Contrary to movies and popular belief, we probably wouldn't want to blow it up as that would cause a lot of pieces being thrown in unpredictable directions. Nudging its trajectory a little is probably the most reliable way to make it miss Earth, and would be easier and cheaper, if we got to the asteroid long enough in advance.
Yet, we hardly even know what exists in our neighborhood, and a dedicated asteroid sentry system is needed. Of course, such a sentry system would also discover economically attractive asteroids.
Many close encounters with Earth-approaching asteroids are found out AFTER the near-miss has already passed.
The Spaceguard Foundation
The Spaceguard Foundation is an international body officially set up by a convention in Rome and with a large number of participating government officials and professionals from around the world. Their website gives updates to the master worldwide list of asteroids which could potentially strike Earth, though it is technically oriented rather than for the general public.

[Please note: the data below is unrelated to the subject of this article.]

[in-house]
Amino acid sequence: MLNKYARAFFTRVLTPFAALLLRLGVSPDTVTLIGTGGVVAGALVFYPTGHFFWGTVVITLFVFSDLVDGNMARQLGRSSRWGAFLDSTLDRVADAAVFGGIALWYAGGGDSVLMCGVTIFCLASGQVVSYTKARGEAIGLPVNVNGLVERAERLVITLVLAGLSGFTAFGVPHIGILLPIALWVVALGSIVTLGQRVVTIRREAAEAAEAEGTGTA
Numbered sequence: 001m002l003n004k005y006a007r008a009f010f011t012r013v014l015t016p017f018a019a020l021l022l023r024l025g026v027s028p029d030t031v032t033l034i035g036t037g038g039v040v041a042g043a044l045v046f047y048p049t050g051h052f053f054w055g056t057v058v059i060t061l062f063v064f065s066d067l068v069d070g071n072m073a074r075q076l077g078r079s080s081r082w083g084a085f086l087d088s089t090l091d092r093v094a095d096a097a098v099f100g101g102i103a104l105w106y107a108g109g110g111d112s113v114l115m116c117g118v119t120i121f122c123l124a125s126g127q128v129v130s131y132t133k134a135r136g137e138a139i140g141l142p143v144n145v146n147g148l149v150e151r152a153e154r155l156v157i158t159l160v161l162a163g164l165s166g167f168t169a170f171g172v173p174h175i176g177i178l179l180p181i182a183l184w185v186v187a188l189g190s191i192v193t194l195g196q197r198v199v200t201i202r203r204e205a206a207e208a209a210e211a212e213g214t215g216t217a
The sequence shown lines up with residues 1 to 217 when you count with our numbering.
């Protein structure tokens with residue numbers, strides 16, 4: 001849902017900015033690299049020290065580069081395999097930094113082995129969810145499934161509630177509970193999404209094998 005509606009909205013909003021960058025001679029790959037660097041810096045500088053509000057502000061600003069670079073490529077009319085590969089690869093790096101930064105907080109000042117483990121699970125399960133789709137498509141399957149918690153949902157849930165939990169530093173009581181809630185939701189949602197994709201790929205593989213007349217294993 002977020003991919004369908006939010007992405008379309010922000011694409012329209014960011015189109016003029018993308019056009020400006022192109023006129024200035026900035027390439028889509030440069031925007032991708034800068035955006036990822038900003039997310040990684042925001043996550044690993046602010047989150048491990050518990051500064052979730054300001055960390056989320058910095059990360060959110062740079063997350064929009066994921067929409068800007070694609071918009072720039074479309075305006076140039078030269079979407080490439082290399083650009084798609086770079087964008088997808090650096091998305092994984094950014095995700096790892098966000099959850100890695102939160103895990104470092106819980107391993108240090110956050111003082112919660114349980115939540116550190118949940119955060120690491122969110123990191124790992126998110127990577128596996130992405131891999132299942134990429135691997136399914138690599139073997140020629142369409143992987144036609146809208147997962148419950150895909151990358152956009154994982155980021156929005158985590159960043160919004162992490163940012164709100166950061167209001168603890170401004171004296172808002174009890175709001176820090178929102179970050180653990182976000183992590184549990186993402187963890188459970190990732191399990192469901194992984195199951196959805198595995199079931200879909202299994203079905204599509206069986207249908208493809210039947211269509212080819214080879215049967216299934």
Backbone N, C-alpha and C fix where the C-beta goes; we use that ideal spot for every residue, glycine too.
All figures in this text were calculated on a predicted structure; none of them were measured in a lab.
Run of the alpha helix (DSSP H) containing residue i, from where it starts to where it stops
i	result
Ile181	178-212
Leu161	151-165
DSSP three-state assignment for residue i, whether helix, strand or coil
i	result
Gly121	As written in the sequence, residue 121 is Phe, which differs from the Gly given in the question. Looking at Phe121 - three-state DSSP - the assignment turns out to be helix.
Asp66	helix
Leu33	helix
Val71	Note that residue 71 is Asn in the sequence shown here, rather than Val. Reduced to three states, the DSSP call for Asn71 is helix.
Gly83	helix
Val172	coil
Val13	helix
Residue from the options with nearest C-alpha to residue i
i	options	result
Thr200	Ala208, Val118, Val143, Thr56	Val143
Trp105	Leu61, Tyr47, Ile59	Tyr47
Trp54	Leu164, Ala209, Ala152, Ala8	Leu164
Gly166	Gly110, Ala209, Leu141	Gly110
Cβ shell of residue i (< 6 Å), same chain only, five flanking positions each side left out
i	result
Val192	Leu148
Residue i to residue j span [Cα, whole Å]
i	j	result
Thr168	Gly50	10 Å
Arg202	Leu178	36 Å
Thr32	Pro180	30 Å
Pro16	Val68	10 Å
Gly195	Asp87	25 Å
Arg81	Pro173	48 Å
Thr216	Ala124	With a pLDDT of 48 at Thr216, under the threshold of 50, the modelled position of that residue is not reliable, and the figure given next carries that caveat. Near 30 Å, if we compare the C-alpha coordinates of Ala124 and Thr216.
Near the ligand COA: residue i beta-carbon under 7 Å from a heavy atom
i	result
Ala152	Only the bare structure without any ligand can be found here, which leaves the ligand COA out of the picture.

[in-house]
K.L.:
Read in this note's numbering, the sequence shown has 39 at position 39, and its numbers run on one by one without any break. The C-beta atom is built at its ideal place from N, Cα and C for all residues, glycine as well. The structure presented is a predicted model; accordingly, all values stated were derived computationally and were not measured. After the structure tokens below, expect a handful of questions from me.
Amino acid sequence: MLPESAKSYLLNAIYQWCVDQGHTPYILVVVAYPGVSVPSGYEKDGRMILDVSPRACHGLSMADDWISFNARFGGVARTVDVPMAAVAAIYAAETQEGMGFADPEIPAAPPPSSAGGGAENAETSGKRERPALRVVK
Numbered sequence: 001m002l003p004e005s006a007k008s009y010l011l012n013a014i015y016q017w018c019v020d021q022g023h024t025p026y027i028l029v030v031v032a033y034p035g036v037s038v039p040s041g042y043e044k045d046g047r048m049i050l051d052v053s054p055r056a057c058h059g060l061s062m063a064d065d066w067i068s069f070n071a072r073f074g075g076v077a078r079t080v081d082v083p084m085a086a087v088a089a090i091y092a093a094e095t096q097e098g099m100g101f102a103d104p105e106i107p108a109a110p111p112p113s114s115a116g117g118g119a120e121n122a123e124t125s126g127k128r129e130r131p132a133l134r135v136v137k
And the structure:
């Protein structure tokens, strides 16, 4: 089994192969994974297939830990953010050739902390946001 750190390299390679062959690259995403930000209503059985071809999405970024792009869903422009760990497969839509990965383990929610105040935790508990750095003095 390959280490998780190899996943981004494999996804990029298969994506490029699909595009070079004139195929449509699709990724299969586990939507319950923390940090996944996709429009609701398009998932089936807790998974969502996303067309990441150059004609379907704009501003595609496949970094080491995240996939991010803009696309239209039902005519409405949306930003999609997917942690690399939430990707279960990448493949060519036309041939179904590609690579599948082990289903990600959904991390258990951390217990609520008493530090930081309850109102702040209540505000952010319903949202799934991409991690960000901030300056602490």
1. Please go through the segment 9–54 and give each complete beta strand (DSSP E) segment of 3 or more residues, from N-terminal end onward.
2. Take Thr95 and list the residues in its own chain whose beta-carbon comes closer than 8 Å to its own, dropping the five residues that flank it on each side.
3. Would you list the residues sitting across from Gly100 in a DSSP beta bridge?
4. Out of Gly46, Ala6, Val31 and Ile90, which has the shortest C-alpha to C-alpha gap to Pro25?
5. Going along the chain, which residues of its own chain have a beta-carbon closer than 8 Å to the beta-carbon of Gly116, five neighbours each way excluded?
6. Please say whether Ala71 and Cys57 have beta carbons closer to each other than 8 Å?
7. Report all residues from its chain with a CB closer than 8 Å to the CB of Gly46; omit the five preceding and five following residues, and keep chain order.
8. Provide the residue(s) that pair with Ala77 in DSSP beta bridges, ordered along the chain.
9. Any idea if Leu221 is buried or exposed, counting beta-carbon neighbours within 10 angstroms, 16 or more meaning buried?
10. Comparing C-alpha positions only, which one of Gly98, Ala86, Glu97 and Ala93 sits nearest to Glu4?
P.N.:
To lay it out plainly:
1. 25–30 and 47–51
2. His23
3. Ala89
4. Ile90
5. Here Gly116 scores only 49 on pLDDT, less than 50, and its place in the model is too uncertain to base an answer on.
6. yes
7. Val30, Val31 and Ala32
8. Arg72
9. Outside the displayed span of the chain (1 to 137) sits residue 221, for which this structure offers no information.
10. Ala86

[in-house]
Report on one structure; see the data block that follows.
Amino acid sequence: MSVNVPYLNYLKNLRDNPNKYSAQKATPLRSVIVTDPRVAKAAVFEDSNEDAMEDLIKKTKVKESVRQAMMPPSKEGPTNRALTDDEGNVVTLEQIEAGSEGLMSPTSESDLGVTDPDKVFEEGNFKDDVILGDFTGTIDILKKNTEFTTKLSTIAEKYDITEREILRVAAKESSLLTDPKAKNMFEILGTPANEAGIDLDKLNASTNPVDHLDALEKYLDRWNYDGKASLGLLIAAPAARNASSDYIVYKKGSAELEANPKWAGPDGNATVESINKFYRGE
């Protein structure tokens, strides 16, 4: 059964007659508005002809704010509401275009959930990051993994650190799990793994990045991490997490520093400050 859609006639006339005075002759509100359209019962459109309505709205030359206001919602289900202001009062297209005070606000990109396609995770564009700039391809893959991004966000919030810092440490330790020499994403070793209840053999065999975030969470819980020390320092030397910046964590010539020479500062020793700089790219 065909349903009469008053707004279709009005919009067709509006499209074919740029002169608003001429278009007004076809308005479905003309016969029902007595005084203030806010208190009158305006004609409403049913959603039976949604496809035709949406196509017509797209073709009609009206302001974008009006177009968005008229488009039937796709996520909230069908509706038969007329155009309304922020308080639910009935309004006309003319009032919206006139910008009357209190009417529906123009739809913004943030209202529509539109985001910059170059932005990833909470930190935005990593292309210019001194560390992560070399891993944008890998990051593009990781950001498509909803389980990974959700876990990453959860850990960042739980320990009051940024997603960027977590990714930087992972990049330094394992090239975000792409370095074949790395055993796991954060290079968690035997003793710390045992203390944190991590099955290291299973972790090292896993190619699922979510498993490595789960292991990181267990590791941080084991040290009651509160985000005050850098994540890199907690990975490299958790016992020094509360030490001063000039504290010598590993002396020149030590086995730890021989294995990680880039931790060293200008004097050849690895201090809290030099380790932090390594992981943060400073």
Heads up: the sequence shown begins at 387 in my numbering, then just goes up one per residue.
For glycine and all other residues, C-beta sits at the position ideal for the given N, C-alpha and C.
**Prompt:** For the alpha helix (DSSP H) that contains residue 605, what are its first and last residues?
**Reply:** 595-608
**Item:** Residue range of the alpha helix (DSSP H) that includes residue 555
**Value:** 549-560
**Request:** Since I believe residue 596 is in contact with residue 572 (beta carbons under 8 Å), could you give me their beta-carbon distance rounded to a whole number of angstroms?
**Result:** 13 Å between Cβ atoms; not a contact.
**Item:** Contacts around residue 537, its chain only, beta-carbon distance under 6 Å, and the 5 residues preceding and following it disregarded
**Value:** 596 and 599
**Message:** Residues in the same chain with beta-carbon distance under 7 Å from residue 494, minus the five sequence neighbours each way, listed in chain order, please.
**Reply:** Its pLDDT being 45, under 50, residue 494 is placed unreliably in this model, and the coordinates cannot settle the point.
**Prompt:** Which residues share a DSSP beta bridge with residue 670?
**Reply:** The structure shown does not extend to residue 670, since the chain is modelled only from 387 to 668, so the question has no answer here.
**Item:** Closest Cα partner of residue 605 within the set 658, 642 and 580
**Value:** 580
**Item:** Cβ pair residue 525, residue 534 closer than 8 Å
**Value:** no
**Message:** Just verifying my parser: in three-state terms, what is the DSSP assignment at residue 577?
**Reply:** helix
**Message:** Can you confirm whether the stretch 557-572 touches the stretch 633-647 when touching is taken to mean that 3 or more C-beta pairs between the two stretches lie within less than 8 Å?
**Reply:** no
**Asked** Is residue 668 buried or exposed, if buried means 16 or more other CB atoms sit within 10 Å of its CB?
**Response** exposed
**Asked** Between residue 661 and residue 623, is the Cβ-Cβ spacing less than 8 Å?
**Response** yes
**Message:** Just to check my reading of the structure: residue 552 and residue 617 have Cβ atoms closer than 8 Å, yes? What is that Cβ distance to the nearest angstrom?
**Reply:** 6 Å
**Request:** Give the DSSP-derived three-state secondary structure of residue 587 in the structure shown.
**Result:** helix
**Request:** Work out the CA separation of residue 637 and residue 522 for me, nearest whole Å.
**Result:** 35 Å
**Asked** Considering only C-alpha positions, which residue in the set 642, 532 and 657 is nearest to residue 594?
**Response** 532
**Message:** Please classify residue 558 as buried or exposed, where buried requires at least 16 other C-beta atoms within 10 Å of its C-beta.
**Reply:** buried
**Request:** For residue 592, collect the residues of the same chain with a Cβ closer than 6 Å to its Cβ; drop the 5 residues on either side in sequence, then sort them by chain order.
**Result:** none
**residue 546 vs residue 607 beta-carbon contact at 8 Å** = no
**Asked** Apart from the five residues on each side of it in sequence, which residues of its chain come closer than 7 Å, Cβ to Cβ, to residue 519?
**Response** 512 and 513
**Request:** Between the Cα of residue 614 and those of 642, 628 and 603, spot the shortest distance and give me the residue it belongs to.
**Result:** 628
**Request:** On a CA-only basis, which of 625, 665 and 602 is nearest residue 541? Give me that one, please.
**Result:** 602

Besides asteroids in orbits near Earth's orbit, there are also small comets that pass through the inner solar system, making one in-out double pass of Earth orbit every few centuries. New ones aren't going to show up in the Spaceguard Foundation's catalog because their orbit doesn't reside in the inner solar system and they aren't detected or known until they come down from the far reaches of the solar system, and we generally wouldn't know about them until shortly before their arrival. (This is what the movie Deep Impact had hitting the Earth.)
Looking at the entire situation, one could conclude that an early warning system is of limited use unless it comes with an interceptor system. The latter would require a government body (or else a high gamble by a private initiative with prices negotiated shortly before impending disaster!). Despite all the threats, the government bodies are not funding any asteroid intercept systems, and are providing only small amounts of funding for asteroid searches and cataloging potentially threatening asteroids, plus a little bit of money for paper studies into methods to deal with a threat.
Effects on satellites and space stations in low Earth orbit